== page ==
The new Corolla’s cabin is one of dark plastics contrasted with satin chrome and gloss black decorative trim. Just like in so many modern hatches, it makes for a smart, classy ambience that feels very much of our technology-preoccupied digital age, but it’s also quite monotone and clinical and would benefit from a bit more variety of colour and texture.
However, there’s no shortage of quietly expensive and substantial feel about the car’s mouldings, grained finishes and switchgear; and there’s no doubt you’re sitting in a cockpit with an understated but pervasive construction of perceived quality.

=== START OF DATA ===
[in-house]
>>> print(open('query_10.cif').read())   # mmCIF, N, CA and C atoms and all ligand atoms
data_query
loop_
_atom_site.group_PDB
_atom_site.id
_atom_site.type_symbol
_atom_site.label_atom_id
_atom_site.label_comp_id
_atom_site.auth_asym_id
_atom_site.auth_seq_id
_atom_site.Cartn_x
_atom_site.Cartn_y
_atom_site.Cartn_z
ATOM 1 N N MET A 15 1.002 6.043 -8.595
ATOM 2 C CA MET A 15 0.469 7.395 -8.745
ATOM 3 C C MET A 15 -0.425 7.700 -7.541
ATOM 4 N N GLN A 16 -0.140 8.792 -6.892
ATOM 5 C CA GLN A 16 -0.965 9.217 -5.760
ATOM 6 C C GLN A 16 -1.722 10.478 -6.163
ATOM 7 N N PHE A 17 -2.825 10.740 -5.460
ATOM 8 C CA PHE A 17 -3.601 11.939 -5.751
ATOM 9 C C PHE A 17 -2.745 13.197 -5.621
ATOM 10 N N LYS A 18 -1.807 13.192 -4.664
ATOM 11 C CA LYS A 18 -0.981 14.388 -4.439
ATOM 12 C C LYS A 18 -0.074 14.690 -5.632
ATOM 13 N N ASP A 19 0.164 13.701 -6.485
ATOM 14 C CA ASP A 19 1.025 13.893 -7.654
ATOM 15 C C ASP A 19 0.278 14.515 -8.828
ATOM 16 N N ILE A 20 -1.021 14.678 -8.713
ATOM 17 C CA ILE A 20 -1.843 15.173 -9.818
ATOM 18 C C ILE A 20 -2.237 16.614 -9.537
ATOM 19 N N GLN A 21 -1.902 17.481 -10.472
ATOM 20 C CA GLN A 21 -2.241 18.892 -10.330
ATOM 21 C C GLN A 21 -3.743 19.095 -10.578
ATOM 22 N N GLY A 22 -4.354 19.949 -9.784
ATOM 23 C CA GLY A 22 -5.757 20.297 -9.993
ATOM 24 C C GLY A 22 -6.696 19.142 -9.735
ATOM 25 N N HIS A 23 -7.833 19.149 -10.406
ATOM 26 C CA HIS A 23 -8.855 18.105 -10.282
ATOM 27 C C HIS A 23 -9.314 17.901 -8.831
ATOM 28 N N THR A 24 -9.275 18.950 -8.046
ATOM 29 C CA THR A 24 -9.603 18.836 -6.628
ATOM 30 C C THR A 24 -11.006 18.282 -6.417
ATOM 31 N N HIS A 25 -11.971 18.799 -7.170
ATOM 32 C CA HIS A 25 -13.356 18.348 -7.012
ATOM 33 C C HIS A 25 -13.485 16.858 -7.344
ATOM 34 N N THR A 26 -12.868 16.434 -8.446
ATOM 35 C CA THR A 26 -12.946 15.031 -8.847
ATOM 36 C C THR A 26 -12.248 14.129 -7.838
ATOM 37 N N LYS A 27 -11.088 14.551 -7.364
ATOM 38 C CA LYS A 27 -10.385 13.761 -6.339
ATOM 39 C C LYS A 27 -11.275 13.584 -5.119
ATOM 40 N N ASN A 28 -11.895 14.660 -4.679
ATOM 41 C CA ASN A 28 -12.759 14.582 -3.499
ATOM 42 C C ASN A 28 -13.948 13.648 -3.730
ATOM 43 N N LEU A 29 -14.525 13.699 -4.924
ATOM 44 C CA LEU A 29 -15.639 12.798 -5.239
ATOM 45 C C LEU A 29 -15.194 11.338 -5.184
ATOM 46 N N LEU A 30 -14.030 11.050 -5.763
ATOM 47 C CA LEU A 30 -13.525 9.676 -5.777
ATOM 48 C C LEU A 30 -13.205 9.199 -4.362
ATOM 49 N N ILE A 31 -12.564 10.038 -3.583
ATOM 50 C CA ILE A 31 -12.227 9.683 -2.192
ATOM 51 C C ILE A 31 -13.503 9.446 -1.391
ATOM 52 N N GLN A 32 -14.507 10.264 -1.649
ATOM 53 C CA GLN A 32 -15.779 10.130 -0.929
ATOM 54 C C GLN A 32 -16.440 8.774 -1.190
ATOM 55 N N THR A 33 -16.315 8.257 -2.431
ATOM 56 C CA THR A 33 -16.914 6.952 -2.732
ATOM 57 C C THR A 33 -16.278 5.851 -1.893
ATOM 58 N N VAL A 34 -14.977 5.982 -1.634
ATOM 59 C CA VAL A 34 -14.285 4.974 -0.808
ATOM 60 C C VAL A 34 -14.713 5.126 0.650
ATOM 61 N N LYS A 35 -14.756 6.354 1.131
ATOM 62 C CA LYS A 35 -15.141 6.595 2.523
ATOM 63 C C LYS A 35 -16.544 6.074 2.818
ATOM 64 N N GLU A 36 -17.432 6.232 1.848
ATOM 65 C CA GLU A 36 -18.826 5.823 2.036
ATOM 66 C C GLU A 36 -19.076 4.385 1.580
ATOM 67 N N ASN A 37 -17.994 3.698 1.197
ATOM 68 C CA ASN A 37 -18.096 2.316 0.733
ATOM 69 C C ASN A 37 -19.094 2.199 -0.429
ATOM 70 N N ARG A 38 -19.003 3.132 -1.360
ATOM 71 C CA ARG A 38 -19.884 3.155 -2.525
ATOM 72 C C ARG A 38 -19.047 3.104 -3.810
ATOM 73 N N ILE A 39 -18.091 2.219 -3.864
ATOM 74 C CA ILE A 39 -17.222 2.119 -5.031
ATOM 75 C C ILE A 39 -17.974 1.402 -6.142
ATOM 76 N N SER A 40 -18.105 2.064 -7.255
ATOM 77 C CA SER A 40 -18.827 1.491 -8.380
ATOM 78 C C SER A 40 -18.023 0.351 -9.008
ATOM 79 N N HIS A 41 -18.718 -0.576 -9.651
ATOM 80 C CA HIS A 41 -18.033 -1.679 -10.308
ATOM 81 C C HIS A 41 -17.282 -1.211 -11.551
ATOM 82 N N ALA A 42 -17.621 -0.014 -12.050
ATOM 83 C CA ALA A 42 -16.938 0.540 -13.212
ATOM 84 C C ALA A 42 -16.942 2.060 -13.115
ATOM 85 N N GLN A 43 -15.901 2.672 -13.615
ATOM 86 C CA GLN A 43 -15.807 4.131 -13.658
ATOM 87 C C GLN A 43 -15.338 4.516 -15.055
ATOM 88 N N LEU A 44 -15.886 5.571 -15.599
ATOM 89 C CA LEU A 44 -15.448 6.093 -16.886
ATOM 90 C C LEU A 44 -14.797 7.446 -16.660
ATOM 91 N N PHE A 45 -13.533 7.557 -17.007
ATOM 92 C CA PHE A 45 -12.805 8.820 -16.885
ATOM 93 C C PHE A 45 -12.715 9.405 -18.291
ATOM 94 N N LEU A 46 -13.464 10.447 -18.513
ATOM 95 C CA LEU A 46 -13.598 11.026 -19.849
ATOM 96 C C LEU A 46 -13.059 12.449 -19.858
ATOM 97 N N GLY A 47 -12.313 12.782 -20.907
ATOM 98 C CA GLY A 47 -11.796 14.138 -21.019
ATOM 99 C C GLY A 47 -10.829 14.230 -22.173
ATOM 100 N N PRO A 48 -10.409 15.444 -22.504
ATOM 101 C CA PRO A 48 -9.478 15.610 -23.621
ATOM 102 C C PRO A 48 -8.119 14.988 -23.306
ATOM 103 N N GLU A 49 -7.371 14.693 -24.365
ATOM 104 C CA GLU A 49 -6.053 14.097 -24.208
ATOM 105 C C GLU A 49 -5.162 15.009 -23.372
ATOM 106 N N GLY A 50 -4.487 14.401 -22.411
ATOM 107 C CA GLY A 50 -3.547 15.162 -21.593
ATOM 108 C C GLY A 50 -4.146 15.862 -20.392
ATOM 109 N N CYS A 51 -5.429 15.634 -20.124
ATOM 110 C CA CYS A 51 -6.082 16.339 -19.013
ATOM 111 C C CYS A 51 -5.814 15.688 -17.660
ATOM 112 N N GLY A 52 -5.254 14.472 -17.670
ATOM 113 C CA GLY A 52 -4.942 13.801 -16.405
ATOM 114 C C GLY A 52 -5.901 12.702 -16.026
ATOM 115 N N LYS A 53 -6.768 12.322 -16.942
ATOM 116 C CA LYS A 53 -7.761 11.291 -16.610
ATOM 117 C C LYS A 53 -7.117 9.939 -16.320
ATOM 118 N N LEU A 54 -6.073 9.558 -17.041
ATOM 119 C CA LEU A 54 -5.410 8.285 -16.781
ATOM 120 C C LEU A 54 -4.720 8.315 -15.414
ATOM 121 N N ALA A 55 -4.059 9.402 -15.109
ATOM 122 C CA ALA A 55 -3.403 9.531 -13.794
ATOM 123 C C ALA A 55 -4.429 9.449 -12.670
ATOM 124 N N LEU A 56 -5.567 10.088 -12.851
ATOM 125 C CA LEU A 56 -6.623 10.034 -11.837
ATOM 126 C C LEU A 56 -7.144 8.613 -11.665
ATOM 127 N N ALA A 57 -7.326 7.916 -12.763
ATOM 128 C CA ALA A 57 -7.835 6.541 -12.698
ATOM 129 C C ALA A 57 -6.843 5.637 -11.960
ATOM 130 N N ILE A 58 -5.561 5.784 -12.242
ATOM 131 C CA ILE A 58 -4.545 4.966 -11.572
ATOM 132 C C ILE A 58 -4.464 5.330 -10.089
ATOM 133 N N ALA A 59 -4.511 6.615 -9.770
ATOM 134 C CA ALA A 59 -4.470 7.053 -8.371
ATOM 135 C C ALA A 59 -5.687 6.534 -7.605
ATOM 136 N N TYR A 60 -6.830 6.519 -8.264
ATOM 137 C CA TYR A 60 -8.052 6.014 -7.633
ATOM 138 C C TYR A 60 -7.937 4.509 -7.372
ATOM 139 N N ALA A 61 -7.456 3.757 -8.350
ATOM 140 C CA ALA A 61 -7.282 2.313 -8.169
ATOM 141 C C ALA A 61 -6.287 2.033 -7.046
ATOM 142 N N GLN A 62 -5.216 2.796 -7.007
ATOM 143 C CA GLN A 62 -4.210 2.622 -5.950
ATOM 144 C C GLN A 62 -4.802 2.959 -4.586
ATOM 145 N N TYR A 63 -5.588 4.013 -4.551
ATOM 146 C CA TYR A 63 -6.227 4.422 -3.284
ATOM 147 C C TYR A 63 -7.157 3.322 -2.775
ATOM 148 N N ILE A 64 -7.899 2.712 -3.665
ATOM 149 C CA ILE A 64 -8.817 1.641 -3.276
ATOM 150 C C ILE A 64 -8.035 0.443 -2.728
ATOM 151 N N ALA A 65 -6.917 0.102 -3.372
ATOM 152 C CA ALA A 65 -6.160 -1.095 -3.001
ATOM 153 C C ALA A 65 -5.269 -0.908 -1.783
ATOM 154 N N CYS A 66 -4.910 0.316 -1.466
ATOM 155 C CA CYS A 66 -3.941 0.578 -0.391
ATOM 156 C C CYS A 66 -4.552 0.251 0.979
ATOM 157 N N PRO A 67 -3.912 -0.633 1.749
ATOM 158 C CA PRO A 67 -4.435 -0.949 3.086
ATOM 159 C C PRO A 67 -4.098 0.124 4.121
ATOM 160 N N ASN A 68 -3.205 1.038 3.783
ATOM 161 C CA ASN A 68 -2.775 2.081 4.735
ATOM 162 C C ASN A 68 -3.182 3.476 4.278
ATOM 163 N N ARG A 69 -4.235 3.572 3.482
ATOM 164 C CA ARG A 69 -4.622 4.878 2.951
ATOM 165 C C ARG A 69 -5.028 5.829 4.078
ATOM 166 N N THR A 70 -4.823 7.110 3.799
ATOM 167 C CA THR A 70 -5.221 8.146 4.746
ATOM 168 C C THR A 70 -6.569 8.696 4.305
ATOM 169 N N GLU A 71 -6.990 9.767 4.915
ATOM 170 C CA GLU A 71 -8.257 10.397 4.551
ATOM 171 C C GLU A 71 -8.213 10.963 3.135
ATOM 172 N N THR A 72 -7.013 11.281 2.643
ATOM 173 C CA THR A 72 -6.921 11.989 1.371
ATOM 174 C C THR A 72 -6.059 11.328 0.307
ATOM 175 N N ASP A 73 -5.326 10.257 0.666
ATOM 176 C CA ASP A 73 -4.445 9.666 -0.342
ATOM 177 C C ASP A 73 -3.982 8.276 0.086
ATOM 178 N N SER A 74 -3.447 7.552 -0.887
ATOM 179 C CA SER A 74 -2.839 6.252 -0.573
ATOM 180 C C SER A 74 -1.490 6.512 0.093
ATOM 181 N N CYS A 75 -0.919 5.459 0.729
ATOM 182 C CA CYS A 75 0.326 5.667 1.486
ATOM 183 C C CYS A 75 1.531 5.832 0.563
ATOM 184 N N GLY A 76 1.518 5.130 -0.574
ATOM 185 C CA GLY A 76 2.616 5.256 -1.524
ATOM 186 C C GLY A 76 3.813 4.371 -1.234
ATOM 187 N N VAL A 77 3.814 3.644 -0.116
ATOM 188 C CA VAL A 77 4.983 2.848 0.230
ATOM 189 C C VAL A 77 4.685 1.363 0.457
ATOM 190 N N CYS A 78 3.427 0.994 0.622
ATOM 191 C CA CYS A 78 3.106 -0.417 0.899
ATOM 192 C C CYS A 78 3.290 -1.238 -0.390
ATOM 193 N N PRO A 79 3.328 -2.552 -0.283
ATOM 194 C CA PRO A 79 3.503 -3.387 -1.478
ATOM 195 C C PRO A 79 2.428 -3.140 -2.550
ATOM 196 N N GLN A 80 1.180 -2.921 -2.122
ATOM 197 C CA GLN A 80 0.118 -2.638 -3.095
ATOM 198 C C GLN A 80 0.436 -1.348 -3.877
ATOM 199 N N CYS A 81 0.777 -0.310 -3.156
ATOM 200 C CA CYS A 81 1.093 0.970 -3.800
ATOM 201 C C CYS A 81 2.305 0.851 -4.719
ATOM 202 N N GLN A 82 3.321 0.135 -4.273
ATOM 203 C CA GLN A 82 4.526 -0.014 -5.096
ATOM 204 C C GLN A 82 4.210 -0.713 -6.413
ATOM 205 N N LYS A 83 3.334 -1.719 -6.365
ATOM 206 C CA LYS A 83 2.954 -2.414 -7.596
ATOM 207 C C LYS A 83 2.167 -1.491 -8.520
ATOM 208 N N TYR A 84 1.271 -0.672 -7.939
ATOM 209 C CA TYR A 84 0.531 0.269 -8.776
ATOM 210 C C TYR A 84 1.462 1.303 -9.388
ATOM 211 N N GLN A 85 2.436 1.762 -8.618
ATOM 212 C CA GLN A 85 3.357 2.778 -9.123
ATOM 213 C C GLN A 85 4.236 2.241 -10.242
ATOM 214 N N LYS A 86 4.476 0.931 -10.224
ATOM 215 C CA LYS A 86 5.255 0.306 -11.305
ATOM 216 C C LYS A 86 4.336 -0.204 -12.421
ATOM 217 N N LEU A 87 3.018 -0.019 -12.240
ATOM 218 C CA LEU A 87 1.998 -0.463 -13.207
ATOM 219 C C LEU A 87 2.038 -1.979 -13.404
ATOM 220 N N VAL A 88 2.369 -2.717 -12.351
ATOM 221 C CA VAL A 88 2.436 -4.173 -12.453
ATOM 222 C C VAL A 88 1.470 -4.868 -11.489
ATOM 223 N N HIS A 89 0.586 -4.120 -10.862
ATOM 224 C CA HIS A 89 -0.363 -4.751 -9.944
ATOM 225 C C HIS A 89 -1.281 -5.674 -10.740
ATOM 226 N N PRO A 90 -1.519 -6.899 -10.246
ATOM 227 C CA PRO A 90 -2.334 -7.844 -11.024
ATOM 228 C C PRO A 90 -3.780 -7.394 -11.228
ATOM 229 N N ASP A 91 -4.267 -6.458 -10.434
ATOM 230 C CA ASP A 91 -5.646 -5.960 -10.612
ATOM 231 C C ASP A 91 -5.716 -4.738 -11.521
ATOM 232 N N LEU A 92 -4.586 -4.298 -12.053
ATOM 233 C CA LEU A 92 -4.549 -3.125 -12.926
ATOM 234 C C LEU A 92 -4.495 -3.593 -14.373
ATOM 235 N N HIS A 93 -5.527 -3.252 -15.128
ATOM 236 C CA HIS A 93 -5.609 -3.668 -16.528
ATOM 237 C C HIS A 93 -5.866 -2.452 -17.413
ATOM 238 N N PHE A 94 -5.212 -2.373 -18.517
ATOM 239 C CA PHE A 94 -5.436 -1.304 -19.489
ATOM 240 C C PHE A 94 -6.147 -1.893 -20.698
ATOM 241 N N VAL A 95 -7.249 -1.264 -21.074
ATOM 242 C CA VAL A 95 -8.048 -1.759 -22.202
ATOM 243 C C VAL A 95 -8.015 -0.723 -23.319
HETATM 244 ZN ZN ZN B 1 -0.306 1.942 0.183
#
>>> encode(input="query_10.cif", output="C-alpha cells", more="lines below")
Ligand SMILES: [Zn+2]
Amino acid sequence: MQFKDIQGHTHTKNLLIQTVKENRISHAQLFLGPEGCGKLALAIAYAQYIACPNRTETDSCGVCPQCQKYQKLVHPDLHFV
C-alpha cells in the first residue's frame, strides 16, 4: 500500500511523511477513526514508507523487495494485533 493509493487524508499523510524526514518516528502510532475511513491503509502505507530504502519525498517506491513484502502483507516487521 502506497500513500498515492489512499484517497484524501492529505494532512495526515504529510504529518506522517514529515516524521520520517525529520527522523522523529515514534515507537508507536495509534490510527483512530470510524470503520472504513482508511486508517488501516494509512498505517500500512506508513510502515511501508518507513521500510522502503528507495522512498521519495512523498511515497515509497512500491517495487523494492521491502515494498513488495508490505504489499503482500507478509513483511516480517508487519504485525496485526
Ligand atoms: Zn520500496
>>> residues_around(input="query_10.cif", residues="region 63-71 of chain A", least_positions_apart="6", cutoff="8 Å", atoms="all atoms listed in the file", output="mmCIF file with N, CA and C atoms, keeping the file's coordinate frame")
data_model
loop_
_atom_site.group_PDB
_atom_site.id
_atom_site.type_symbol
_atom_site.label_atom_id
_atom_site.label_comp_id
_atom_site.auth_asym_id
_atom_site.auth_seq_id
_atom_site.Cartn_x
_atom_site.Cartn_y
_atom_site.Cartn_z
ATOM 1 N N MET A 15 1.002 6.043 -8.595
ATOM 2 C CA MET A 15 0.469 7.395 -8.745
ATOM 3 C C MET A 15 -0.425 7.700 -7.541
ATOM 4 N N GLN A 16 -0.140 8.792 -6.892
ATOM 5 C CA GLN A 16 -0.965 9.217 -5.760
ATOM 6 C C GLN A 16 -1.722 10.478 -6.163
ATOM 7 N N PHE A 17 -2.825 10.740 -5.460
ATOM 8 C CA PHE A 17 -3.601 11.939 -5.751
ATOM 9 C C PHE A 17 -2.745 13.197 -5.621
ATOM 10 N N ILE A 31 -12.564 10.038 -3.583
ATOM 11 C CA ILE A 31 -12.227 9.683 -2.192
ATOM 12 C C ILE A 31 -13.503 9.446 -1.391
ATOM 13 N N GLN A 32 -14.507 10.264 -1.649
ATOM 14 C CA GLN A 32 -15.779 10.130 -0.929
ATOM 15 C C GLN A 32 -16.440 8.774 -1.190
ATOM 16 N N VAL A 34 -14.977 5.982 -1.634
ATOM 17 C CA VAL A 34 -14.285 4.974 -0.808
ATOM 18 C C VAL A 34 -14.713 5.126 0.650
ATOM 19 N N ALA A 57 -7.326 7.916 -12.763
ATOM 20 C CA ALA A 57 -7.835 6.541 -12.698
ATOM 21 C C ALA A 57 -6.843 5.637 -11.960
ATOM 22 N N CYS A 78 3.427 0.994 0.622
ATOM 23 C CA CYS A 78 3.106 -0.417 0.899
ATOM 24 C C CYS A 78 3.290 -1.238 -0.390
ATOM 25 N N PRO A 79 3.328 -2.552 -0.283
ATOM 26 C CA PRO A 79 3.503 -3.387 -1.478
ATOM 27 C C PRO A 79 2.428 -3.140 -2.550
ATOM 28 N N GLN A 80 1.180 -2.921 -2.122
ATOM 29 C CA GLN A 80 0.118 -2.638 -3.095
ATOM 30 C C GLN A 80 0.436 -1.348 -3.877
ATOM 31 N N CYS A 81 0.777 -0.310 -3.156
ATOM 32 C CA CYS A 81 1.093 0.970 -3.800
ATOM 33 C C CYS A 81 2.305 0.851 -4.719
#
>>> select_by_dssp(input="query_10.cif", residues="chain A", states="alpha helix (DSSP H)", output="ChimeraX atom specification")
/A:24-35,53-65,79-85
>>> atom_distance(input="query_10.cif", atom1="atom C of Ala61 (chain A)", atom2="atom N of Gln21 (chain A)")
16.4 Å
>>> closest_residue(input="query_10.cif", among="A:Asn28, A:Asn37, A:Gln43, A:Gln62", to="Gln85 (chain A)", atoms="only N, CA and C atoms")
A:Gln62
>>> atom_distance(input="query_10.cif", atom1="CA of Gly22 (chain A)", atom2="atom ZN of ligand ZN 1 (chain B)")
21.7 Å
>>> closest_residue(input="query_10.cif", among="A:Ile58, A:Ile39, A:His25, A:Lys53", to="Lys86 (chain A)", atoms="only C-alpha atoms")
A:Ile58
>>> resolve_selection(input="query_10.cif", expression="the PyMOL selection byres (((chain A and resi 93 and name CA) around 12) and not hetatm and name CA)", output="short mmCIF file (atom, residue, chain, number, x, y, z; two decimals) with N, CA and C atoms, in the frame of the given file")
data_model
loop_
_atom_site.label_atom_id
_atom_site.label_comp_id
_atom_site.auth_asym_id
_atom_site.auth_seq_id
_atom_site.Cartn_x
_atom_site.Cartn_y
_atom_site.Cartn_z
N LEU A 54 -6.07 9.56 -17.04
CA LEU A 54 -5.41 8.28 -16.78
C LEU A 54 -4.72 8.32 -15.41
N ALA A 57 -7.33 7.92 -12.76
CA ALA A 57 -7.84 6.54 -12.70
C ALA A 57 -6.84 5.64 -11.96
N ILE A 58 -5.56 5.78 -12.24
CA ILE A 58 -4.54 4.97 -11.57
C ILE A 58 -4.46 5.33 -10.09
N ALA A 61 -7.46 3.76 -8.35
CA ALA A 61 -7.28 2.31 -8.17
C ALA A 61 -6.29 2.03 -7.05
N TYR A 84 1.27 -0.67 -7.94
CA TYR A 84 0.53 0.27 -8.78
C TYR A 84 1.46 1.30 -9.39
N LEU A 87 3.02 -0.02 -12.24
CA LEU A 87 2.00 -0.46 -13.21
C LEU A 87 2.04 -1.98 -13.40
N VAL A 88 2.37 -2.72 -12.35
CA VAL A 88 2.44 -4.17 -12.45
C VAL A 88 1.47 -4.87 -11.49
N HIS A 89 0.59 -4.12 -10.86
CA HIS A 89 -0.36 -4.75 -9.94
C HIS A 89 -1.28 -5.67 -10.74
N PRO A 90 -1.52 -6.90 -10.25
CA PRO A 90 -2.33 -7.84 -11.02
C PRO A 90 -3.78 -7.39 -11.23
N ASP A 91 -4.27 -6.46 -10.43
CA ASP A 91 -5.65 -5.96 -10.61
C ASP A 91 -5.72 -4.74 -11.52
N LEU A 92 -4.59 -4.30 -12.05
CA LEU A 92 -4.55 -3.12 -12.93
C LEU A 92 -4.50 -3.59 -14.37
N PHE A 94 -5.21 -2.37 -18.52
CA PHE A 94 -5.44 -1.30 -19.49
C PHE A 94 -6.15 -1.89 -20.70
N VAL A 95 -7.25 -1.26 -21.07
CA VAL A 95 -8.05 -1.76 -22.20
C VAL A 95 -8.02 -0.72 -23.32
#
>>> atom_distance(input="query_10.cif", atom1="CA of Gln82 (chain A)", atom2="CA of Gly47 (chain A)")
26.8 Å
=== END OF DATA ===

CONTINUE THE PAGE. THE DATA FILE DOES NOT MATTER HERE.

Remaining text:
The instrumentation blends analogue and digital dials, displaying engine speed and fuel level at a usefully readable scale – even if the Toyota hybrid driving experience typically makes engaging with the former somewhat pointless.
The Toyota Corolla’s infotainment offering is pretty simple. All versions get an 8.0in Touch 2 central display, and so long as you buy the car in one of the three upper trim levels, the system is upgraded to Touch 2 with Go, which has factory navigation and voice control as well.